Friday, 13 December 2019

luciatåg

According to tradition martyred on this day during the Diocletian persecutions of the third century, the solemnity of the Feast of Saint Lucy of the Greek colony of Syracuse in Sicily was somehow translated from her native Italy to darkened, northern climes to become a major Advent celebration in Scandinavian lands.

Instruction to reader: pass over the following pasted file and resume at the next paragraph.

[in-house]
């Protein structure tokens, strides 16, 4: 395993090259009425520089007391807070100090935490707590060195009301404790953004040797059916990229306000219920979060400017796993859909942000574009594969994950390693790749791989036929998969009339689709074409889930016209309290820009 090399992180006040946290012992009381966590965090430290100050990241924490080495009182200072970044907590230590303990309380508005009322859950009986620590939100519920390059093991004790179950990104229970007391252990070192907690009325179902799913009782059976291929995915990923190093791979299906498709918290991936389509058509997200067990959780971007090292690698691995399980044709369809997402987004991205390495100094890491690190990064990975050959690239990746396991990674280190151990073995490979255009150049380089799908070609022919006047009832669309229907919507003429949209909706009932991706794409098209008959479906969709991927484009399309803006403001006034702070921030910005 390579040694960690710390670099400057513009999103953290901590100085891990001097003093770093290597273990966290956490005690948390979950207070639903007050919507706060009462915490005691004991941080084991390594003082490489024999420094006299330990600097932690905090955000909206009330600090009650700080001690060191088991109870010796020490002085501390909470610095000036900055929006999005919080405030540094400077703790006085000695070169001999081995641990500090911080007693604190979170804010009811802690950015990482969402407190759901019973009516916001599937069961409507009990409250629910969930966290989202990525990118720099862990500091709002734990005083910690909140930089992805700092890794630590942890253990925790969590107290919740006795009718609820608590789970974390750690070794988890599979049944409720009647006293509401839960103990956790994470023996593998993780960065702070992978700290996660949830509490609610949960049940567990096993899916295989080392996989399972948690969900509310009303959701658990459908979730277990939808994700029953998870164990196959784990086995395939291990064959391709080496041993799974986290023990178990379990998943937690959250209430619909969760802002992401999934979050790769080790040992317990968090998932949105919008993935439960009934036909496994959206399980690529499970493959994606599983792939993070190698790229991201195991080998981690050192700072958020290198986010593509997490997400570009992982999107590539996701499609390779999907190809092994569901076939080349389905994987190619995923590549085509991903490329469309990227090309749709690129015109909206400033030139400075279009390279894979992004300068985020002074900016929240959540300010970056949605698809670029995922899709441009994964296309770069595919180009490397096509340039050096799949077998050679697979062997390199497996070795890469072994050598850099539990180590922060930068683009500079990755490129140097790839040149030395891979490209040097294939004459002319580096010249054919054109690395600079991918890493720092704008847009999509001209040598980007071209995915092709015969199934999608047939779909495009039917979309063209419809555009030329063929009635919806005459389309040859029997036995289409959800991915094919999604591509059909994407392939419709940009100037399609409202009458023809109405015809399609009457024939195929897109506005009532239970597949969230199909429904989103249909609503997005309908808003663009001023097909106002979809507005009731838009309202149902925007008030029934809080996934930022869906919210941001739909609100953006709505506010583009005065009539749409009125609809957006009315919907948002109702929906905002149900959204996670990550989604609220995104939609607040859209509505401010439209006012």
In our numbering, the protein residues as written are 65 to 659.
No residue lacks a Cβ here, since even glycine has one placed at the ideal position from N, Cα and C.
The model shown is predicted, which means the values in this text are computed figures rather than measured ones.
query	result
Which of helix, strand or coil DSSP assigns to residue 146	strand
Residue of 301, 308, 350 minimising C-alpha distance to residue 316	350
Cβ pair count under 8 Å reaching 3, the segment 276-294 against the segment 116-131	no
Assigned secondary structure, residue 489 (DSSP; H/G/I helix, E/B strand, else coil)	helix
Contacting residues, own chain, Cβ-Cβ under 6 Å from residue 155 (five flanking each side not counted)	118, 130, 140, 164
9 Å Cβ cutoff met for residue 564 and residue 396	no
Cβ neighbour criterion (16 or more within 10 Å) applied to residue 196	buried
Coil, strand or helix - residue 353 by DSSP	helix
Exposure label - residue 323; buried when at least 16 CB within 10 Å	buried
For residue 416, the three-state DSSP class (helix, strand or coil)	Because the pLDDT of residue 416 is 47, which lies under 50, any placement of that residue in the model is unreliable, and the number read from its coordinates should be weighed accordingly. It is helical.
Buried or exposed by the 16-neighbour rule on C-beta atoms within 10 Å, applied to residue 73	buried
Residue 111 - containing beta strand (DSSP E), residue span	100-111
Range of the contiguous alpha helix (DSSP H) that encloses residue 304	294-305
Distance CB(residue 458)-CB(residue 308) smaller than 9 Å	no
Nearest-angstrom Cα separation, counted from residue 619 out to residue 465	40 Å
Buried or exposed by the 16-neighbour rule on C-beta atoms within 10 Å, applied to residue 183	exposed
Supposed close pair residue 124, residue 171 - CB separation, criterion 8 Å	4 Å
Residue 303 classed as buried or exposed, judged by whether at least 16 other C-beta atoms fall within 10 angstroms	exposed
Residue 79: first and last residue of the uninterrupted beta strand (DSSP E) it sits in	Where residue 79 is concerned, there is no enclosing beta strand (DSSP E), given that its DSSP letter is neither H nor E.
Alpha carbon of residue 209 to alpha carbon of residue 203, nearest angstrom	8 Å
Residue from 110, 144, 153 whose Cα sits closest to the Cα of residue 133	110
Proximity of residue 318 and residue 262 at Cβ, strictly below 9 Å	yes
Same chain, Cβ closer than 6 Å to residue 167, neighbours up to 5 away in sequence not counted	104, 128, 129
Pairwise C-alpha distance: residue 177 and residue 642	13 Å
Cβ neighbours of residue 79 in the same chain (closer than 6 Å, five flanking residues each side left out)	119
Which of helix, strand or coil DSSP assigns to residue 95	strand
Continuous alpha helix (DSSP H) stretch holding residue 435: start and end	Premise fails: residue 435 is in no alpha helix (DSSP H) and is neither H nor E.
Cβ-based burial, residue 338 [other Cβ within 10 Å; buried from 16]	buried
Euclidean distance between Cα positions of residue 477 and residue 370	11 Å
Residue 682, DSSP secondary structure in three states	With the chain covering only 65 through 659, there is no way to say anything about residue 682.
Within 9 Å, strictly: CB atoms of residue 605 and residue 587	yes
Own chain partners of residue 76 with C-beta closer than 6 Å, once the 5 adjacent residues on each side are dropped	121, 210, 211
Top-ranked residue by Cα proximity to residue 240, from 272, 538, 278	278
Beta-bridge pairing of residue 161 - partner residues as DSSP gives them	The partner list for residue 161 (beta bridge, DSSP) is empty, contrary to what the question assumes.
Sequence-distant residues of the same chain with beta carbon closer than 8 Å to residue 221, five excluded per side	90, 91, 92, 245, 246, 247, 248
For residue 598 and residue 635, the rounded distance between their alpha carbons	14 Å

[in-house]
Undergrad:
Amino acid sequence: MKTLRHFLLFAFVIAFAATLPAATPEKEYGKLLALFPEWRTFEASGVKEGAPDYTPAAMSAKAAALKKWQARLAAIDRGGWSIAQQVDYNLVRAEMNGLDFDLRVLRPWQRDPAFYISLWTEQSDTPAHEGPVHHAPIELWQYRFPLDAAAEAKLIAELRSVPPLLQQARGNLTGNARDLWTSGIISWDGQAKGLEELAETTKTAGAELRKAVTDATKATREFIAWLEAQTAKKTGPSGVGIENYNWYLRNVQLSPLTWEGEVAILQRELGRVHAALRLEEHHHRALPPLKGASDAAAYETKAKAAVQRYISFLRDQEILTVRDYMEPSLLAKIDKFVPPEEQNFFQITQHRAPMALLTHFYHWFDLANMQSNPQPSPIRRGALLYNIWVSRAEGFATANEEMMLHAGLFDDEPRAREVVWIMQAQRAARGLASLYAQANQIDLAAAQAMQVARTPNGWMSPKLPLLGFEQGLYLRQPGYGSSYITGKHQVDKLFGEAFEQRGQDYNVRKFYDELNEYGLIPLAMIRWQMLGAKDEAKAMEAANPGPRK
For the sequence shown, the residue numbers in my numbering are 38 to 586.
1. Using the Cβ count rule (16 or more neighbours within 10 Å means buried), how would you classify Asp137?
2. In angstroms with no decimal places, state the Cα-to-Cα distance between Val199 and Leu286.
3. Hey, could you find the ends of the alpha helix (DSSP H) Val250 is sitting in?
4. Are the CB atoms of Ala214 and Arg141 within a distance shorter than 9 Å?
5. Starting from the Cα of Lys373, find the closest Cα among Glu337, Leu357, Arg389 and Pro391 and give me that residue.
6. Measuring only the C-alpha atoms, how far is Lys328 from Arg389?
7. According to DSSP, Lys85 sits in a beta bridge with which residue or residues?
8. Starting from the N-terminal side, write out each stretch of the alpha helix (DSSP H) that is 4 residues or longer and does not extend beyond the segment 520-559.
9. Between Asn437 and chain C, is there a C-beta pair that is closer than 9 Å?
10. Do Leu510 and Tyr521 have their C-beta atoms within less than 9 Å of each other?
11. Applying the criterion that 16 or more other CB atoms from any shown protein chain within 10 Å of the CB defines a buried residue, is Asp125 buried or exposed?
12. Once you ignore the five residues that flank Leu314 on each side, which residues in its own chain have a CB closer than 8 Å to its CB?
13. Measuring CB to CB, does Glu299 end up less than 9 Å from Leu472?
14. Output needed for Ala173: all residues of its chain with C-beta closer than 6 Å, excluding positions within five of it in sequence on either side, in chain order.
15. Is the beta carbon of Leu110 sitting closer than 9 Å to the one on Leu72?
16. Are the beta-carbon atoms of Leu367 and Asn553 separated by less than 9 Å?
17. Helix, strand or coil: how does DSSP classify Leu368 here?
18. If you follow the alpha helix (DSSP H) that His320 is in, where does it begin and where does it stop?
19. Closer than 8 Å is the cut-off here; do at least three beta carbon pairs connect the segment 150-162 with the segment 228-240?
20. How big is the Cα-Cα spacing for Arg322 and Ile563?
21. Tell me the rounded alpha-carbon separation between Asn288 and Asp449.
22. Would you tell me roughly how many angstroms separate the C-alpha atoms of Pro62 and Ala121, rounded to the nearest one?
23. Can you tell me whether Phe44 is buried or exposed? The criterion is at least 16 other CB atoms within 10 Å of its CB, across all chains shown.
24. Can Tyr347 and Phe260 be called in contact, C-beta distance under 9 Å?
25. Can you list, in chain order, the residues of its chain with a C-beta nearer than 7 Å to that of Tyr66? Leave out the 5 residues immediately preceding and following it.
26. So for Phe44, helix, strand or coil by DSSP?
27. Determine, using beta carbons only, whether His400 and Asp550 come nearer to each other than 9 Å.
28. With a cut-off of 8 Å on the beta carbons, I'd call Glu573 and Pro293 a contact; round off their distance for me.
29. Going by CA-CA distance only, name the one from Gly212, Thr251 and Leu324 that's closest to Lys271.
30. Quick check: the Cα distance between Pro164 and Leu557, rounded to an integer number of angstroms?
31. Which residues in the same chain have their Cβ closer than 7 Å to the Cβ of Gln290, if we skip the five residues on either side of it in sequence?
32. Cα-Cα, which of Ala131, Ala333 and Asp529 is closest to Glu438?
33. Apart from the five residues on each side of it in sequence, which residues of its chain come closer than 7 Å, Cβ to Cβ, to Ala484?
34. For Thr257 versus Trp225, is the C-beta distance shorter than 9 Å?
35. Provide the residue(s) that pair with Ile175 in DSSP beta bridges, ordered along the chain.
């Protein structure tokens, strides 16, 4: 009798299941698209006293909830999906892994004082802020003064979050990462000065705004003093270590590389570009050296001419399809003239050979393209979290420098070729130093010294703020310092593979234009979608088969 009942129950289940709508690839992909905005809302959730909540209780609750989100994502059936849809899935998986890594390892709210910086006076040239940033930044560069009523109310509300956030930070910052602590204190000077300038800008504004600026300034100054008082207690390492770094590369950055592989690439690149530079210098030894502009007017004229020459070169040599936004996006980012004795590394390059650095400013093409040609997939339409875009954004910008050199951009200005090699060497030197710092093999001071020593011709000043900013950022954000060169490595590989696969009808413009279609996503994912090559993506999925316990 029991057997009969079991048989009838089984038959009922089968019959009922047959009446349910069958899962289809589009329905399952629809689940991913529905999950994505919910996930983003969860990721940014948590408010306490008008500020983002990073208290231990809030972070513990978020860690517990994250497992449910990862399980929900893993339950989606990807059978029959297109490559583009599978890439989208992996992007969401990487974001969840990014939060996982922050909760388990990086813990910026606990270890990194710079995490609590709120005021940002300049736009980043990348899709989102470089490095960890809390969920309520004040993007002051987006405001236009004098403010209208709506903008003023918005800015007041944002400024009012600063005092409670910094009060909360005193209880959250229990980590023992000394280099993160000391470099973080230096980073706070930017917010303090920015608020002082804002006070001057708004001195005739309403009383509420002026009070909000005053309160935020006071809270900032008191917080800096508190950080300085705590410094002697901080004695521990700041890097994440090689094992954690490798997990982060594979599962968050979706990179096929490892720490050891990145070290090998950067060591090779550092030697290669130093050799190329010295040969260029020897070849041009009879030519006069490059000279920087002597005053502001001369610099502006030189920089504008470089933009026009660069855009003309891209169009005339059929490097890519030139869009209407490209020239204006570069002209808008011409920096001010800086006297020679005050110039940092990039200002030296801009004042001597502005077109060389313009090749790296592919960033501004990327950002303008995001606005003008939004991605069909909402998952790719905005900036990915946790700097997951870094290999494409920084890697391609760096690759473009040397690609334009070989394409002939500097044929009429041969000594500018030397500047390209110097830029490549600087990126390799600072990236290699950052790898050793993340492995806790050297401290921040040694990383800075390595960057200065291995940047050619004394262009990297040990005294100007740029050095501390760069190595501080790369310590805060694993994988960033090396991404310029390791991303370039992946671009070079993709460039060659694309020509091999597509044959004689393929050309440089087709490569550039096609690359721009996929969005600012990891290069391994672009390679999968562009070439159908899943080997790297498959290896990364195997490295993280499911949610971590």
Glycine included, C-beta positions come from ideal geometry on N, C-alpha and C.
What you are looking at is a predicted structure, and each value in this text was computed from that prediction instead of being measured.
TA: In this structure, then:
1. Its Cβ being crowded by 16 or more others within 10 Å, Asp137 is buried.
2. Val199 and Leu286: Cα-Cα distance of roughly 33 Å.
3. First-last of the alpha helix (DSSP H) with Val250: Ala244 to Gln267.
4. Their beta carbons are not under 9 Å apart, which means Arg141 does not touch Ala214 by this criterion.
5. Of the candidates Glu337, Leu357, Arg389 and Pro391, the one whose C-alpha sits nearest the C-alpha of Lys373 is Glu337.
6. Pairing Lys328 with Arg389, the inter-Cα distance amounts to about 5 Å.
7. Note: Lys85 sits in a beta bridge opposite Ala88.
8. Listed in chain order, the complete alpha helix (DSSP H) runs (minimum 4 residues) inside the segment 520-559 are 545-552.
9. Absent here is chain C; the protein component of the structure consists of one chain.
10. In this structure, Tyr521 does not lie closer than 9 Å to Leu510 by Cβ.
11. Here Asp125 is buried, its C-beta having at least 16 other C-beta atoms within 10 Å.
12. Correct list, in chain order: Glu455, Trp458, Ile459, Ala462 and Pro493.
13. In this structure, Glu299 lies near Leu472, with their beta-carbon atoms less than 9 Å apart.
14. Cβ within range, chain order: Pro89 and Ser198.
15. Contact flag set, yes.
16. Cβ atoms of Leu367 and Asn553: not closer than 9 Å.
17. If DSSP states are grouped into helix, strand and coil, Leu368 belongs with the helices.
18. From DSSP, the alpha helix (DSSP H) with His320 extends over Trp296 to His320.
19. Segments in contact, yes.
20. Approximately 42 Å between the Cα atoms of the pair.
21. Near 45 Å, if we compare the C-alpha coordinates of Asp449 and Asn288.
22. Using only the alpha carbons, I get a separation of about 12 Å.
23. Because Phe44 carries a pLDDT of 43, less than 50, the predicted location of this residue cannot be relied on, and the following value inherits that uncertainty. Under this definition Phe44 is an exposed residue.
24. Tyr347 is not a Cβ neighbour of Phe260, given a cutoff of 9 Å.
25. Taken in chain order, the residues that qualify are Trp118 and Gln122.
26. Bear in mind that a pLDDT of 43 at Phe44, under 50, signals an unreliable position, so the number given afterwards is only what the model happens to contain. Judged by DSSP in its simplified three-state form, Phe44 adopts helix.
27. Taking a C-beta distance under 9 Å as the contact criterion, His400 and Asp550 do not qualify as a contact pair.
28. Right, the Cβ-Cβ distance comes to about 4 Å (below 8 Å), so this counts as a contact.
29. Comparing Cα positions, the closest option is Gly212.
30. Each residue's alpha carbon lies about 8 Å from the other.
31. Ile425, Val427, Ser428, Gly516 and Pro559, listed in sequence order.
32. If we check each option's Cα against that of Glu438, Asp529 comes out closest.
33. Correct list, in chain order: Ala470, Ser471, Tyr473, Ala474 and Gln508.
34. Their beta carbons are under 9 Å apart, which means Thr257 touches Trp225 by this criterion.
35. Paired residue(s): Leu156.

She is depicted wearing a crown of candles so as to free her arms up to carry as many provisions as she could to fellow Christians hiding in the city’s catacombs to hold mass in secret and evade capture and punishment to navigate the passages and locate her community. Until calendar reforms that didn’t take effect in Nordic countries until the 1800s, Saint Lucy’s Day fell on the Winter Solstice, the shortest day and longest night of the year—to which she brings light and traditionally marked the beginning of Yuletide. Festivities include choosing a local representative for Saint Lucy and an early morning, pre-dawn procession of children—it being also customary to barge into one’s parents’ bedrooms, even the visiting Nobel laureates still in town since the honours usually fall around the same time being treated to the special intercession, and being served a breakfast of Lussekat, baked buns flavoured with saffron. The day is bookended also with Lucy’s counterpart, Lussi the Witch taking flight and bringing general mischief and possibly misfortune for those who didn’t finish holiday preparations and obligations in a timely manner (see also here and here) from Lussinatta until Christmas.